Genre: Fiction (Contemporary / Boston / Art World / Art Forger / Art Dealer / Literary Thriller / Historical Figure Fictionalized / Degas)
Publisher/Publication Date: Algonquin Books of Chapel Hill (10/23/2012)
Publisher summary: On March 18, 1990, thirteen works of art today worth over $500 million were stolen from the Isabella Stewart Gardner Museum in Boston. It remains the largest unsolved art heist in history, and Claire Roth, a struggling young artist, is about to discover that there’s more to this crime than meets the eye.
Making a living reproducing famous artworks for a popular online retailer and desperate to improve her situation, Claire is lured into a Faustian bargain with Aiden Markel, a powerful gallery owner. She agrees to forge a painting—a Degas masterpiece stolen from the Gardner Museum—in exchange for a one-woman show in his renowned gallery. But when that very same long-missing Degas painting is delivered to Claire’s studio, she begins to suspect that it may itself be a forgery.
Her desperate search for the truth leads Claire into a labyrinth of deceit where secrets hidden since the late nineteenth century may be the only evidence that can now save her life.
SPOILER: The Degas painting in question does not exist. Don’t waste twenty minutes (or MORE) looking for it on your Smartphone.
What I Think:
If art and Paris stroke your senses, combine that with pulling something over on the snooty and you have THE ART FORGER. Shapiro merges historical fact with her wonderful imagination in this tale of ambition, greed, heist and forgery through the eyes of Claire Roth, a struggling artist with a tainted past and (fictionalized) letters of Isabella Stewart Gardner, an infamous Boston art collector.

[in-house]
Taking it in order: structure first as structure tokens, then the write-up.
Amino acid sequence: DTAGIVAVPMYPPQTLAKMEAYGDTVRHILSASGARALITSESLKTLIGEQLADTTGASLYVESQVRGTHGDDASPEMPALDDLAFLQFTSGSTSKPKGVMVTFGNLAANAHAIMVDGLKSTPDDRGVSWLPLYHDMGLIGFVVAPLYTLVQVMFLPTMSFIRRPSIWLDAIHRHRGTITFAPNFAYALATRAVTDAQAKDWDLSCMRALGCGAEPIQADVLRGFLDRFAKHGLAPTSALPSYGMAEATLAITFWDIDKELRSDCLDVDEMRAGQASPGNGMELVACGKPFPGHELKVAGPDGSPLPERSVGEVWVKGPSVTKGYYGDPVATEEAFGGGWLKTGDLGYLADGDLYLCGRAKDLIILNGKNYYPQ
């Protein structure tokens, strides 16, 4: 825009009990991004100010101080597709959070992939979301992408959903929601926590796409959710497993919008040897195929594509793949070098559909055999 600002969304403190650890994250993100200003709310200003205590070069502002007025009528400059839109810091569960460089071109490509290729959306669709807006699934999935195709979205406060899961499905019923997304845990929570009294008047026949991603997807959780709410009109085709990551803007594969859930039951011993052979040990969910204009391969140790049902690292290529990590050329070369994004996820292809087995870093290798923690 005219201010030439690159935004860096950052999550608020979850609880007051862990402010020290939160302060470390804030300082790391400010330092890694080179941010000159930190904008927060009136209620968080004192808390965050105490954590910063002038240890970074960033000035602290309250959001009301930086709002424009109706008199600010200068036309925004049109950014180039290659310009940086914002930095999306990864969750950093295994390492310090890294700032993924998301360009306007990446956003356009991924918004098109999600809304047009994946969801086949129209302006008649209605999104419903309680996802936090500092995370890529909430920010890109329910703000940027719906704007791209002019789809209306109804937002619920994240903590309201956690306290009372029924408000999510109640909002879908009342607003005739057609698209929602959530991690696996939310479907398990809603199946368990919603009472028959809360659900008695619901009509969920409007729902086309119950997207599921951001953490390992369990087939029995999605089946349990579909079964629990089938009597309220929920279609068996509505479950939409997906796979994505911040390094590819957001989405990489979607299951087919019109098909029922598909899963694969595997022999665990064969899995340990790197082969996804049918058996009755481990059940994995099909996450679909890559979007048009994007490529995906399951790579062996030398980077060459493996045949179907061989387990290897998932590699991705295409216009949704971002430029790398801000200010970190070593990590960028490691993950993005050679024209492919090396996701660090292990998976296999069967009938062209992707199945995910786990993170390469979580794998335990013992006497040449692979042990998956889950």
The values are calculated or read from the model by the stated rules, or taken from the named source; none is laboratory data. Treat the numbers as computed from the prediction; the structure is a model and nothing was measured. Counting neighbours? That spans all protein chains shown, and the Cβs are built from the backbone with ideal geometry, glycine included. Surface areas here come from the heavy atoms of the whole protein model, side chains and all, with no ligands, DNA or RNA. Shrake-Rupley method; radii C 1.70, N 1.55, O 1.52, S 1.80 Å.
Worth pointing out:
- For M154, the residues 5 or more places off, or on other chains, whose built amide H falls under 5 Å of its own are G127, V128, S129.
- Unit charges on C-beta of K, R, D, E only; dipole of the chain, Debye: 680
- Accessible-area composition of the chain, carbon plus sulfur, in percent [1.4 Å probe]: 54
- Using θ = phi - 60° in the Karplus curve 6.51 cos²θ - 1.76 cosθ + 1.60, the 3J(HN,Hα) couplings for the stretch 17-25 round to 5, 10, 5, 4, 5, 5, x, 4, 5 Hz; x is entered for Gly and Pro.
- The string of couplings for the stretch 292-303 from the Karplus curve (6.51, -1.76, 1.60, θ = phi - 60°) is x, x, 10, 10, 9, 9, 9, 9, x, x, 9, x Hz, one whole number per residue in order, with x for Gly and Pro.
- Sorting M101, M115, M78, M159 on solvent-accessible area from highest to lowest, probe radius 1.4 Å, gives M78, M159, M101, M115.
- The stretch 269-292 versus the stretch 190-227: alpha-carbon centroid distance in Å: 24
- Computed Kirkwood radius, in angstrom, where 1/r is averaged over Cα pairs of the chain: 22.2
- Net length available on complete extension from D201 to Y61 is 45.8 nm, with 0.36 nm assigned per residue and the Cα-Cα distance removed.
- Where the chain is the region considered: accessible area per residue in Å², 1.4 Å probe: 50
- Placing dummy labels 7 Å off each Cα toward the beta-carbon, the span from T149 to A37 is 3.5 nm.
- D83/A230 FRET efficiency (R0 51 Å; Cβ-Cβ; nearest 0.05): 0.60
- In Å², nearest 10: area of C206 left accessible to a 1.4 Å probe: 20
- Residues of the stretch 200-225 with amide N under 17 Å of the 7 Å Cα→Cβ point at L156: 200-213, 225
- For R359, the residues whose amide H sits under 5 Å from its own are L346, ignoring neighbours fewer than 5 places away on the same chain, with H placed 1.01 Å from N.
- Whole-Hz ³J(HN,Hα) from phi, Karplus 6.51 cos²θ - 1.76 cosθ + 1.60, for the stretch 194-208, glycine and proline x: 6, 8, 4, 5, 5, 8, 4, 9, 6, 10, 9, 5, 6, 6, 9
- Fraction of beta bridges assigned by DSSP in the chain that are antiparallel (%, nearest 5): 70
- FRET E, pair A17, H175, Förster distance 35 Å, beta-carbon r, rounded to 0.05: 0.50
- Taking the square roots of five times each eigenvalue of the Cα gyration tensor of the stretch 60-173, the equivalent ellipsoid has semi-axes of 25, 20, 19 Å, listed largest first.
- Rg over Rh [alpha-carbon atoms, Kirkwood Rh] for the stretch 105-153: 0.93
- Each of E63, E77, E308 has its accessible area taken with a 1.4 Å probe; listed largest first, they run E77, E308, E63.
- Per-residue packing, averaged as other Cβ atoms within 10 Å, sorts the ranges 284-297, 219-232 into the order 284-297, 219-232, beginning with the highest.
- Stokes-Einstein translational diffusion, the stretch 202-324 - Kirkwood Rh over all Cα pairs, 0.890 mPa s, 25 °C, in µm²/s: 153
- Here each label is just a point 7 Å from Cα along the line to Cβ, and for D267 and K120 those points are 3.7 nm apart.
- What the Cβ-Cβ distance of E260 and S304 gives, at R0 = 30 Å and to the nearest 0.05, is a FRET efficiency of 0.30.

Driven by the need to clear her name and establish herself, Claire Roth is shrewd and deals well with conflict, but is not as likeable as she could have been. Her involvement with boys at a juvenile prison where she teaches art is used only as a tool to discover more about forgeries and foreshadow Claire’s brushes with the law. Bitterness over past betrayals within the art community comes through in self-deprecating humor and is sometimes, laugh-out-loud funny, but Claire lacks heart.
Shapiro paints clear descriptions of setting and I had no trouble picturing characters or understanding their motives. The internal struggle Claire faces – her own original works, side by side with the forgeries/ copies she creates provides a great backdrop for the external plot. Museum authorities, art critics and federal agents race to discover the answer of what is authentic art, doubting Claire’s story – and who she is trying to protect – the entire way.
I particularly enjoyed learning about the world of art forgery. Shapiro’s descriptions of paint and forgeries – how time affects oil and canvas – captivated my scientific side. Let’s face it, we all like books that make us feel a bit smarter at the end. THE ART FORGER is a fun read and a fascinating introduction to the world of art, forgery and deception.